Beverley Geary, Chief Nurse at York Teaching Hospital NHS Foundation Trust, added: “Over the past few weeks we have experienced a high level of norovirus at York Hospital which has resulted in the closure of wards in order to stop the spread, which means we have reduced bed capacity. Closing wards can help to contain the virus but visitors play a huge part in preventing the continued spread of the infection.
“The safety of our patients is our top priority. While we recognise the importance of having people visit when you are in hospital, we now need to introduce these measures in order to protect our patients, as well as keeping our staff safe, well and able to come into work.”
Norovirus is the most common stomach bug in the UK. Like the flu, it spreads rapidly in closed environments such as hospitals, schools and care homes. It can be spread through contact with an infected person, by contact with contaminated surfaces or by consuming contaminated food or water.
Typical symptoms of a norovirus infection include the sudden onset of projectile vomiting and watery diarrhoea. Some people also experience headaches, mild temperature and stomach cramps.
There is no treatment for norovirus but it is important people who have the winter vomiting bug keep hydrated to combat the loss of fluids. People with norovirus will recover in a day or two, but will remain infectious for up to three days after recovery.
There are simple steps people can take to reduce the risk of spreading norovirus:-
Thorough hand washing – wet, lather, scrub, rinse and dry
Don’t prepare food while infected
Immediately clean and disinfect surfaces after episodes of diarrhoea and vomiting
Wash clothes and bed linen that may be contaminated thoroughly
Drink plenty of fluids – stay away from caffeine and pay particular attention to the young and elderly for signs of dehydration
For more information please visit www.nhs.uk/norovirusRead More
Published on Jan 31, 2019
The Humber, Coast and Vale Mental Health Partnership has launched the #TalkSuicide campaign to encourage the people of Scarborough and Ryedale to complete a free 20-minute online suicide prevention training programme.
The #TalkSuicide campaign urges pepole in Scarborough and Ryedale to visit www.talksuicide.co.uk to complete the video-based training so they can learn life-saving skills and improve the support network for those struggling with suicidal thoughts.
The Zero Suicide Alliance – a group of NHS Trusts, businesses and individuals committed to suicide prevention – has created the training to help people spot signs in people experiencing suicidal thoughts, and equip them with the information and skills to help them help these people.
There were 5,821 registered suicides in the UK in 2017 – more than one death every two hours – with the Yorkshire and Humber region having some of the highest suicide rates in England.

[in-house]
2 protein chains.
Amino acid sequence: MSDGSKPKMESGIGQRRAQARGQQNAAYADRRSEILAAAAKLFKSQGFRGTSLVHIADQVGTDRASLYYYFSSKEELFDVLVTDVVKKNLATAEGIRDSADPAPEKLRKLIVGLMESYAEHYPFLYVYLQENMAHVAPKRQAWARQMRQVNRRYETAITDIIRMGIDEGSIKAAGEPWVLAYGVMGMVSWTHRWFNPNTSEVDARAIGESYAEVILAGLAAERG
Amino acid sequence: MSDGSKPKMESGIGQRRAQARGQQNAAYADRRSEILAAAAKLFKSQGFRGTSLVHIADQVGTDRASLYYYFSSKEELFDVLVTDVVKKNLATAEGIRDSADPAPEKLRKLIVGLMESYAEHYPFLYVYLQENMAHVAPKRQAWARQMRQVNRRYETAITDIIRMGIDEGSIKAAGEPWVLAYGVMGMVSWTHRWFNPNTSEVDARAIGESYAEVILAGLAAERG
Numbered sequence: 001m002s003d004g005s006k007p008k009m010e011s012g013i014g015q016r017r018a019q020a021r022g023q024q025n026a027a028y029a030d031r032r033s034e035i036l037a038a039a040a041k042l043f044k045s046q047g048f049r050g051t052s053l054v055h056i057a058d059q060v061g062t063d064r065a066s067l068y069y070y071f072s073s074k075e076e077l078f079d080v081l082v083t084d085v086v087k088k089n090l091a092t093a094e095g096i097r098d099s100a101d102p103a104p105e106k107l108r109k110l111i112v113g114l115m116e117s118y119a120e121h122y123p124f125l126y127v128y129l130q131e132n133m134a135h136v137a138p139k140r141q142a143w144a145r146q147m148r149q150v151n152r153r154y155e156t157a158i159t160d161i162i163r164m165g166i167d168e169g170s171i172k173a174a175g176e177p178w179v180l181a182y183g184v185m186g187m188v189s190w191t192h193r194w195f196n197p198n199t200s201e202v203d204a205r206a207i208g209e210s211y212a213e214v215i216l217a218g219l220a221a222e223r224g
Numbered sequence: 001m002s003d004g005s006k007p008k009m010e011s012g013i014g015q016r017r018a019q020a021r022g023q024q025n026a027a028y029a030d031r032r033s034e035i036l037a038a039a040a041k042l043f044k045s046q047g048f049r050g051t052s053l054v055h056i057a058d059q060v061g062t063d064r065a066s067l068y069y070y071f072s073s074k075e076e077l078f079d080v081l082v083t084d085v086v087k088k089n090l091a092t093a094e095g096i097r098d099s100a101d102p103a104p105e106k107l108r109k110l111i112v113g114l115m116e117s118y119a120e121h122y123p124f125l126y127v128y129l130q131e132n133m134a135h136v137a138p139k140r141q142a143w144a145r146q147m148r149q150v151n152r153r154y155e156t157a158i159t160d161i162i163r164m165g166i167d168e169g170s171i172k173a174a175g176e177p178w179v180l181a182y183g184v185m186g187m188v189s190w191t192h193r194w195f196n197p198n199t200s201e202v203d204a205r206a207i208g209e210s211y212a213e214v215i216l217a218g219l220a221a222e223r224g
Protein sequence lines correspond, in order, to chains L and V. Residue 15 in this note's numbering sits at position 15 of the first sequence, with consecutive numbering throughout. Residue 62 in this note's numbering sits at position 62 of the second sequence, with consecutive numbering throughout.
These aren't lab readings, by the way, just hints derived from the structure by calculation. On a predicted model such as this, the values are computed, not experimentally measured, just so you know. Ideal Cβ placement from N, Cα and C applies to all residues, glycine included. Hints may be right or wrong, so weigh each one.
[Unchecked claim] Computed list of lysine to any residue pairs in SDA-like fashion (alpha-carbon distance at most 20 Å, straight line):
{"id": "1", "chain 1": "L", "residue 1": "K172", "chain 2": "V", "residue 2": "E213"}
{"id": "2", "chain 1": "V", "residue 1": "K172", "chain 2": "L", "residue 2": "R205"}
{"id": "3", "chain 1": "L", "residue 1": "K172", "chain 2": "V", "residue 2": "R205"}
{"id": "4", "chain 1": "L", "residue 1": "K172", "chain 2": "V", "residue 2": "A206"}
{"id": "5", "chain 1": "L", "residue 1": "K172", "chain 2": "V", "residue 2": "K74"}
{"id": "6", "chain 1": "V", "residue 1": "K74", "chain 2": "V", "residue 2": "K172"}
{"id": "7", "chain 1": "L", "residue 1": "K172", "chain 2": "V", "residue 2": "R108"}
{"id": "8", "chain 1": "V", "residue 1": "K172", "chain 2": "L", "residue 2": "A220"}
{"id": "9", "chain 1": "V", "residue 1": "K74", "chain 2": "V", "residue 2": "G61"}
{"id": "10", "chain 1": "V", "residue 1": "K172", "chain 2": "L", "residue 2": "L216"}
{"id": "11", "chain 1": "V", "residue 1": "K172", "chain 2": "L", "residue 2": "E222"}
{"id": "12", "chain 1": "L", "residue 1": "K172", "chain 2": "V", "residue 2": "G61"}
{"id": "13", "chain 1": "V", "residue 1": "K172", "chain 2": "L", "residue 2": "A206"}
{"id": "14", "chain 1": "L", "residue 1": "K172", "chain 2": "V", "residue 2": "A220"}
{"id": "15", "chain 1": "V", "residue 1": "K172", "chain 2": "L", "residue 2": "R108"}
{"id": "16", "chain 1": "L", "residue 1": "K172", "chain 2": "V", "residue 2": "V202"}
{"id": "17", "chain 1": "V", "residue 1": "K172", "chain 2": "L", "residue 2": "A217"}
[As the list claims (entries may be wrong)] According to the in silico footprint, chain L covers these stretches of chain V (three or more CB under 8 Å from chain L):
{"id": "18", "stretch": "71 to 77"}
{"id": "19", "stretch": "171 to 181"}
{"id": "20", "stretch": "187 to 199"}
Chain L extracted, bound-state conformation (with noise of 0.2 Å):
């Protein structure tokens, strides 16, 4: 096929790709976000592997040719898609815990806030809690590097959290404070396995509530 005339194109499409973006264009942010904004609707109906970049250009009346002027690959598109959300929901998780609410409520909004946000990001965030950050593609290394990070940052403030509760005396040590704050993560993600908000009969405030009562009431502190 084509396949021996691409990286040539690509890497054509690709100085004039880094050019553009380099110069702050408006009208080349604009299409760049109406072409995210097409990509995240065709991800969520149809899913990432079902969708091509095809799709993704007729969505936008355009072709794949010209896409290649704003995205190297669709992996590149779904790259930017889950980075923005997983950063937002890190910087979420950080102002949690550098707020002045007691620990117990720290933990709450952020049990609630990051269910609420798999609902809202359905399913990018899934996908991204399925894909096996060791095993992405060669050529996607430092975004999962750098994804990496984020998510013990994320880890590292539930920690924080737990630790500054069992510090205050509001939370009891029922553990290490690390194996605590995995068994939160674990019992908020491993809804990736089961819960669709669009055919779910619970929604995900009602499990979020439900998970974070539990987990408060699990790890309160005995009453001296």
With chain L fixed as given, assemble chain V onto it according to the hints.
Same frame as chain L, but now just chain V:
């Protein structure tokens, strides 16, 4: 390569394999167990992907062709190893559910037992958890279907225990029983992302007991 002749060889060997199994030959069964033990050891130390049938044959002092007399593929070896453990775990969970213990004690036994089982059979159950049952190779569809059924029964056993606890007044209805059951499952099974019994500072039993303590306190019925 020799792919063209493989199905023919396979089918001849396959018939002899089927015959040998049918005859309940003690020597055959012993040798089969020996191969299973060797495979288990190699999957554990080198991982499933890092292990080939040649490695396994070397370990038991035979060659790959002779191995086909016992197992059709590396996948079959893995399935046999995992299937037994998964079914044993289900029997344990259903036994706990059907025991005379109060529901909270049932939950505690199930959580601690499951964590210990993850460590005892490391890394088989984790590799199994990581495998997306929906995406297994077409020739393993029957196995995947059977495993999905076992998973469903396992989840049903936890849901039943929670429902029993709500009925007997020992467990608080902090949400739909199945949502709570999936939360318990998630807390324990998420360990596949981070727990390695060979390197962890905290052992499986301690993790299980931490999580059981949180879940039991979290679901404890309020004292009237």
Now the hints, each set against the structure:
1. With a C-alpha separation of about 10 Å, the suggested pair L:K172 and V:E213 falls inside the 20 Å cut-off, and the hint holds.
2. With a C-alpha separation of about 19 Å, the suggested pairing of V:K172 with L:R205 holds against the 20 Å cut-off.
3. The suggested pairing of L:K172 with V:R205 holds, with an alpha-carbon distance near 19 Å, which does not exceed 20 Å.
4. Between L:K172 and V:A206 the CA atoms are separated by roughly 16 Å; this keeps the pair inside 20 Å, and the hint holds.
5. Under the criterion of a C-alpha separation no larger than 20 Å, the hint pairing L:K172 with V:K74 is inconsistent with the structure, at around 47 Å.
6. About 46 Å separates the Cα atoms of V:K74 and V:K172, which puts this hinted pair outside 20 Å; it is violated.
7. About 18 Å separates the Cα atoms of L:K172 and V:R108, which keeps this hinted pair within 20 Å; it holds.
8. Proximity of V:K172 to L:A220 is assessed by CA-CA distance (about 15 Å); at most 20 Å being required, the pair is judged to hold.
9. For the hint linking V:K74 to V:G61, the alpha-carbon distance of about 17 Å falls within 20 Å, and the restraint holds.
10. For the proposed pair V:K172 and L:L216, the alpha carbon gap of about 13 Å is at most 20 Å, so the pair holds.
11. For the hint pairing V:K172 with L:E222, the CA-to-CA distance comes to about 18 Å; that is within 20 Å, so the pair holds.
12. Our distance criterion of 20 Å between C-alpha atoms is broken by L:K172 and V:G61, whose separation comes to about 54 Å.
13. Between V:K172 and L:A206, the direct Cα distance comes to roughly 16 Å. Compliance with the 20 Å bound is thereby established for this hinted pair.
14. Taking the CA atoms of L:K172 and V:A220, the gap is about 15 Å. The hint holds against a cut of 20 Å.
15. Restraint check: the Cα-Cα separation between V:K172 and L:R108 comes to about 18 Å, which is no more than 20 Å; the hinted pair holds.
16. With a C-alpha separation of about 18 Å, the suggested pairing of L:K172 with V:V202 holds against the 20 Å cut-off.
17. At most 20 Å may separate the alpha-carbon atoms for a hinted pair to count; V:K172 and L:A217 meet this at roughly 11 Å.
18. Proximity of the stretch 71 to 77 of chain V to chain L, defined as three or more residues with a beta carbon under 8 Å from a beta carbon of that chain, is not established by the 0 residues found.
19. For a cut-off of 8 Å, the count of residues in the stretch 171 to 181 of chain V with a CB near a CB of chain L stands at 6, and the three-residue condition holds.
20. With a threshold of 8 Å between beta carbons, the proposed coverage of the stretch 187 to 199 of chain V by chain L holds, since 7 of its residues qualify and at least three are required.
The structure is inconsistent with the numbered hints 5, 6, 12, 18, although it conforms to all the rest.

Mental health issues and financial problems are some of the biggest contributing factors to suicide.
National statistics show that suicide is the biggest killer of men aged under 50. Men accounted for three quarters of suicides registered in 2017, while those aged between 45-49 are considered to be most at risk.
Anyone can undertake the training, which only takes 20 minutes to complete, at www.talksuicide.co.uk
Completing the training will help you to:
Spot signs in people experiencing suicidal thoughts
Feel comfortable speaking about suicide in a supportive manner
Signpost individuals suffering from suicidal thoughts to the correct services or support
Visit www.talksuicide.co.uk to complete the video-based suicide prevention training and learn more about the #TalkSuicide campaign.
Michele Moran, Chair of the Humber, Coast and Vale Mental Health Partnership Board and Chief Executive at Humber Teaching NHS Foundation Trust, said: “Each death by suicide is a terrible loss and a tragedy for everybody involved. By taking just 20 minutes to complete the online training, you could help save someone from taking their own life.
“The training will help you to be better in identifying suicidal thoughts and behaviour and give you the information to direct them to the most appropriate support services.”
Jo Kent, Humber, Coast and Vale Suicide Prevention Lead said: “The #TalkSuicide and Zero Suicide Alliance websites have plenty of material to help businesses and organisations incorporate this training into their workplace. We’re calling on individuals and businesses alike to encourage their friends, family, colleagues or employees to complete the online training – because knowing what to do and say in the right situation really can help to save a life.”
If you need urgent help, or if you’re worried about the mental or emotional state of yourself or someone you know, help is available from the following services:
Samaritans offer a 24-hours a day, 7 days a week support service. Call them FREE on 116 123 or email firstname.lastname@example.org
CALM (Campaign Against Living Miserably) – for men call 0800 58 58 58, 5pm to midnight every day
PAPYRUS (support for young people) – Freephone 0800 068 4141 or email email@example.com.Read More